AGE OF CRIMINAL RESPONSIBILITY
I write of my concern regarding the age of criminal responsibility which is currently 10 years of age.
Children of this age cannot be held responsible for their actions and decisions. Dr Fiona Stanley, School of Paediatrics and Child Health at the University of Western Australia, stated that their ability to know right from wrong varies, and development is influenced by the environment the child occupies.
Many studies have demonstrated that the human brain continues to develop into adulthood. The parts of the brain which control emotions, decision making and impulse control, are not fully developed until later than 10 years of age.
Frequent and intense periods of stress weaken the development of the brain. Stress might include physical or emotional abuse, chronic neglect, caregiver substance abuse or mental illness, and exposure to violence. The development of neural connections is impaired
and, therefore, children living under these conditions have developmental delays.
I recently attended a seminar presented by Penny Wright, Guardian for Children and Young People in Care, and her findings, from visiting the Youth Training Centre were presented to Parliament recently. Some of the facts she presented were:
- 90 per cent have health issues, such as fetal alcohol spectrum disorder and autism spectrum disorder.
- 10 per cent were aged 10-13 years (2019–2020). In the last financial year, 21 per cent were aged 10-14.
- 50 per cent identified as Aboriginal.
Some of these children were on remand, and had not been charged with an offence, and many had been incarcerated for short periods of time, and not separated from the older, more experienced children, who could influence them negatively. Some were detained up to four times in a year, were detained many times before they even reached high school.
The juvenile law in Australia states the standard age for criminal responsibility in all Australian jurisdictions is 10 years of age. For children between the ages of 10 and 14 years there is a refutable presumption that they are incapable of forming the criminal intent necessary to be guilty of a crime (doli incapax).
But the UN Committee on the Rights of the Child says the age should be 12.
In a UN report in 2007 it advised that ‘a minimum age of criminal responsibility below the age of 12 years is considered by the committee not to be internationally acceptable’.
Many countries throughout Europe accept the age of criminal responsibility to be 14, and some as high as 16.
South Australia has been a forerunner in social justice in the past, such as the enfranchisement of women’s right to vote, and the decriminalisation of homosexuality. How wonderful to continue our proud history and be the first state in Australia to demonstrate our care and concern for young people by increasing the age of criminal responsibility to 14.
Please contact the Hon Vickie Chapman, Attorney General, if you share my concerns.
Murray Bridge parish
Please accept this letter to the editor as confusion and disappointment.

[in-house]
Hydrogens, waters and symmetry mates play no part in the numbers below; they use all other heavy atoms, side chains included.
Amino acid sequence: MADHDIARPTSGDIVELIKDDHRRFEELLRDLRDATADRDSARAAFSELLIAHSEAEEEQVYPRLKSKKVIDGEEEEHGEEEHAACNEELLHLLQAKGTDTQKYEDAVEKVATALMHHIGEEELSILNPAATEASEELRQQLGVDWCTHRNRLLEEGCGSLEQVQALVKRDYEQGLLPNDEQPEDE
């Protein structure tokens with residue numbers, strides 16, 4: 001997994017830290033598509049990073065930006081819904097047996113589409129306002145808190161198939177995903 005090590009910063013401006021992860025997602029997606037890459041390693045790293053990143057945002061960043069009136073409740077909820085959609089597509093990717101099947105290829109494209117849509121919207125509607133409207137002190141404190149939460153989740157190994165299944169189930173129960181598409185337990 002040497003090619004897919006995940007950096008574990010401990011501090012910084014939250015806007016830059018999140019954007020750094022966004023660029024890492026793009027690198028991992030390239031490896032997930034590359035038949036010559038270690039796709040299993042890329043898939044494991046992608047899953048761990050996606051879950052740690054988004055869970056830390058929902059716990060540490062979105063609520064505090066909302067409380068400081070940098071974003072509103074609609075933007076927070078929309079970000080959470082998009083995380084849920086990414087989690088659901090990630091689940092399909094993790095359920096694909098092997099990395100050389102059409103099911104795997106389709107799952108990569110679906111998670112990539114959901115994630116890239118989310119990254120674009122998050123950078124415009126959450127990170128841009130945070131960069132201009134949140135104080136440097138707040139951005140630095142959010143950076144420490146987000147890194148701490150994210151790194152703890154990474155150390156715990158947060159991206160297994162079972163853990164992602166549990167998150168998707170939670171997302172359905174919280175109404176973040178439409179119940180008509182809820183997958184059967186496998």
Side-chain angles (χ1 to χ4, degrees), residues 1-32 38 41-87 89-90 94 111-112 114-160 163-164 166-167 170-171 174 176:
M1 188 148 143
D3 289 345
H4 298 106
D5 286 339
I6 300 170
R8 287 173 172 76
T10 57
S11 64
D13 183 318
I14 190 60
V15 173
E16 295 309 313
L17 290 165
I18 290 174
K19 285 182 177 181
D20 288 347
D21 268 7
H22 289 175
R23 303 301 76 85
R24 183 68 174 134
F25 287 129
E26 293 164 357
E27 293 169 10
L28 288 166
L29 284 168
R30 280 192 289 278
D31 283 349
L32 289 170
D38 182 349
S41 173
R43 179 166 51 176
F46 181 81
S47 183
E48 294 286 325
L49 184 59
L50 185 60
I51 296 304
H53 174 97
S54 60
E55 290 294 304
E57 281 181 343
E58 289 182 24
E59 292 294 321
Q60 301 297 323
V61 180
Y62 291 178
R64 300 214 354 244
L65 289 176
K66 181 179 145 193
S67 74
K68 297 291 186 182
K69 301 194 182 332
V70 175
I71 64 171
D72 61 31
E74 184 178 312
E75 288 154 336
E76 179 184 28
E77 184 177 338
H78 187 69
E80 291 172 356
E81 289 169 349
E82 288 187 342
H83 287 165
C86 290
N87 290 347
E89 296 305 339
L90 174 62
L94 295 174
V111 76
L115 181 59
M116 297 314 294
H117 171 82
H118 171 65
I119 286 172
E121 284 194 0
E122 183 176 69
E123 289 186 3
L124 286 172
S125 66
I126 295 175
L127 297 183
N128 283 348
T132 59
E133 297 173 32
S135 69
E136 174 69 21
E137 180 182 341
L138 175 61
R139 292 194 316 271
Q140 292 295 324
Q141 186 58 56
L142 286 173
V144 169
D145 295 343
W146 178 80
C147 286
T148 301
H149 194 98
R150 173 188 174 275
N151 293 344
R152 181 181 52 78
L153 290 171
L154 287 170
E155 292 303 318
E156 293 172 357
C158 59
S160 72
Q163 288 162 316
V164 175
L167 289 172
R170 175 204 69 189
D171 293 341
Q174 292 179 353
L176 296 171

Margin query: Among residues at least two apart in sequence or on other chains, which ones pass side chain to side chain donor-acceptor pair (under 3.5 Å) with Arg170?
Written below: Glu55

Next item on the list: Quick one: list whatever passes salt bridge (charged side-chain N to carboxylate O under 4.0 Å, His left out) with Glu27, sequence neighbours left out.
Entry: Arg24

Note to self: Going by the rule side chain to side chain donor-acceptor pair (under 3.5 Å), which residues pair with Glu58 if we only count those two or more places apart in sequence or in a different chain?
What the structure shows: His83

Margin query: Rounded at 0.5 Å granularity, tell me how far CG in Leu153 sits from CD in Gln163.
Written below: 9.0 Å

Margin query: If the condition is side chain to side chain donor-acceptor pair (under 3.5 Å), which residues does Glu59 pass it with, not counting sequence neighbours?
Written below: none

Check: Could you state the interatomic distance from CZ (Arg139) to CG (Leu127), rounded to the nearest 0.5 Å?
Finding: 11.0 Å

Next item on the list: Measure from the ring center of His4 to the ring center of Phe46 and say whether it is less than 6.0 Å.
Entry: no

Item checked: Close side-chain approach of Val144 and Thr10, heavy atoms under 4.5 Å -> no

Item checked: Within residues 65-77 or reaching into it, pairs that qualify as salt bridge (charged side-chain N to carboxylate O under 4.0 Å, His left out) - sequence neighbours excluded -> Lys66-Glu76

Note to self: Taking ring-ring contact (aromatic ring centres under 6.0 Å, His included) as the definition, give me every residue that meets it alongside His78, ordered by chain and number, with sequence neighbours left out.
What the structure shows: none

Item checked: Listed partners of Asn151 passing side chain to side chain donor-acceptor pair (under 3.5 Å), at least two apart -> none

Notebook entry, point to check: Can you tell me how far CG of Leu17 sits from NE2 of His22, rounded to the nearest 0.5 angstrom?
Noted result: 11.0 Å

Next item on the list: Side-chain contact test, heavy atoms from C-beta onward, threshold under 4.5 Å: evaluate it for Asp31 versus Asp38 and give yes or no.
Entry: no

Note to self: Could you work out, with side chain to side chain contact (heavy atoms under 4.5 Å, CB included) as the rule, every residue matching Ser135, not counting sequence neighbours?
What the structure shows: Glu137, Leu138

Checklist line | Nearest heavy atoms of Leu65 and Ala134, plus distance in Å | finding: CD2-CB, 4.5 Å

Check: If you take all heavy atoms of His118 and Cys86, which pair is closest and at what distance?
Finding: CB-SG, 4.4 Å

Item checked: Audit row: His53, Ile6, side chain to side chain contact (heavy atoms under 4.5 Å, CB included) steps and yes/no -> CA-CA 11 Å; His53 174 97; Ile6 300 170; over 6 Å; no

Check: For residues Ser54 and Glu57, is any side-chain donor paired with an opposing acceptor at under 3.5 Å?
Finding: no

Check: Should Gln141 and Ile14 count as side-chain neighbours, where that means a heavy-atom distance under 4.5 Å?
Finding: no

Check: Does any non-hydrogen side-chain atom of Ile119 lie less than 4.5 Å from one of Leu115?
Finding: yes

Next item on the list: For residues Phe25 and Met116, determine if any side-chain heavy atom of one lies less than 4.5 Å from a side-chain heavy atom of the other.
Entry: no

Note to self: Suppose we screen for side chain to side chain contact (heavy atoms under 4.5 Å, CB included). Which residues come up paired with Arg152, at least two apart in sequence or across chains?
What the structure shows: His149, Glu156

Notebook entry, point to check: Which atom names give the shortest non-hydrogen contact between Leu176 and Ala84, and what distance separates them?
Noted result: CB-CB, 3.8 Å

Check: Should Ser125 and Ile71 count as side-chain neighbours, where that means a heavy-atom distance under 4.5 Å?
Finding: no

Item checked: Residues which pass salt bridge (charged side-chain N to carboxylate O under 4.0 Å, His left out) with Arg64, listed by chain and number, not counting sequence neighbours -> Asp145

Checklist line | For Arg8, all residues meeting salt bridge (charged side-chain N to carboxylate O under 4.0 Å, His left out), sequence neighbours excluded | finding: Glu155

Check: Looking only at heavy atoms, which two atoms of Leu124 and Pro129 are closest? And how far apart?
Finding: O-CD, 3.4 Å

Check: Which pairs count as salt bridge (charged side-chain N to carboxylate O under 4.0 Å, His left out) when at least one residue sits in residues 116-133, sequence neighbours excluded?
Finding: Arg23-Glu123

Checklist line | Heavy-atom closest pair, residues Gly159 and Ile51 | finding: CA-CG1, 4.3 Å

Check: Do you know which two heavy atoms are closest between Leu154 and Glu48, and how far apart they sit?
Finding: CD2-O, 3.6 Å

Each month The Southern Cross makes its way onto our kitchen table and is read, at some level, by the family and visitors.
Only weeks ago, a heartfelt announcement was made from our local parish pulpit, expressing sincere concern and emotion and calling to action those who oppose abortion. We were faced with a government considering a bill to legalise full term abortion, a bill that has now been passed one way or another. The ‘culture of death’ is alive and well in our world and in our communities. It can be hard to know what to do when political agendas impact in such a pervasive way and deliver such moral corruption.
The specific bill was supported by Attorney General Vickie Chapman, pictured in The Southern Cross (May 2021) alongside Catholic representatives, including Archbishop O’Regan, and quoted as saying ‘…I will be walking in the footsteps of this extraordinary Australian and now saint’.
These scenarios are incongruent. A saint’s footsteps will not lead down a road that condones the murder of an unborn child.
The Catholic view on abortion is at odds with the views of Ms Chapman and yet she shares a coloured spread and quotes in our Catholic newspaper. How? Where will our hypocrisy and faintheartedness take us next?
I love my Catholic faith and am not swayed by the anti-God, anti-life agenda, in the many disguises it comes, that is absolutely rampant in our world. The problem is that many people are. What message does this send?
People like this do not represent the True Church and shouldn’t be given air time or space on the pages of this sort of publication. It certainly undermines a level of credibility of this source.
Email address provided
I was disturbed to see the word ‘compassion’ being used by supporters of the Voluntary Assisted Dying Bill 2020 outside Parliament House, suggesting that those who oppose euthanasia are not compassionate.
The word ‘compassion’ literally means ‘to suffer alongside’. It is the pledge to genuinely invest yourself in people who are suffering; to offer the best assistance you can to relieve their physical and emotional suffering and to help them maintain hope and self-esteem. Genuine compassion impels us to do all that we can to eliminate suffering, but never eliminate the sufferer. The aim is to help the person live as well as possible; not to die as soon as possible!
I personally find it bizarre that with the huge emphasis on COVID protocols and procedures being implemented by our civil authorities to preserve human life, that the same civil authorities through abortion and euthanasia are seeking to create and enshrine laws, protocols and procedures to destroy human life.
Our local MPs have a duty to weigh the long term social and institutional ramifications of this law and I strongly urge them to vote against this Bill.
Fr Michael Romeo, Penola
Jump to next article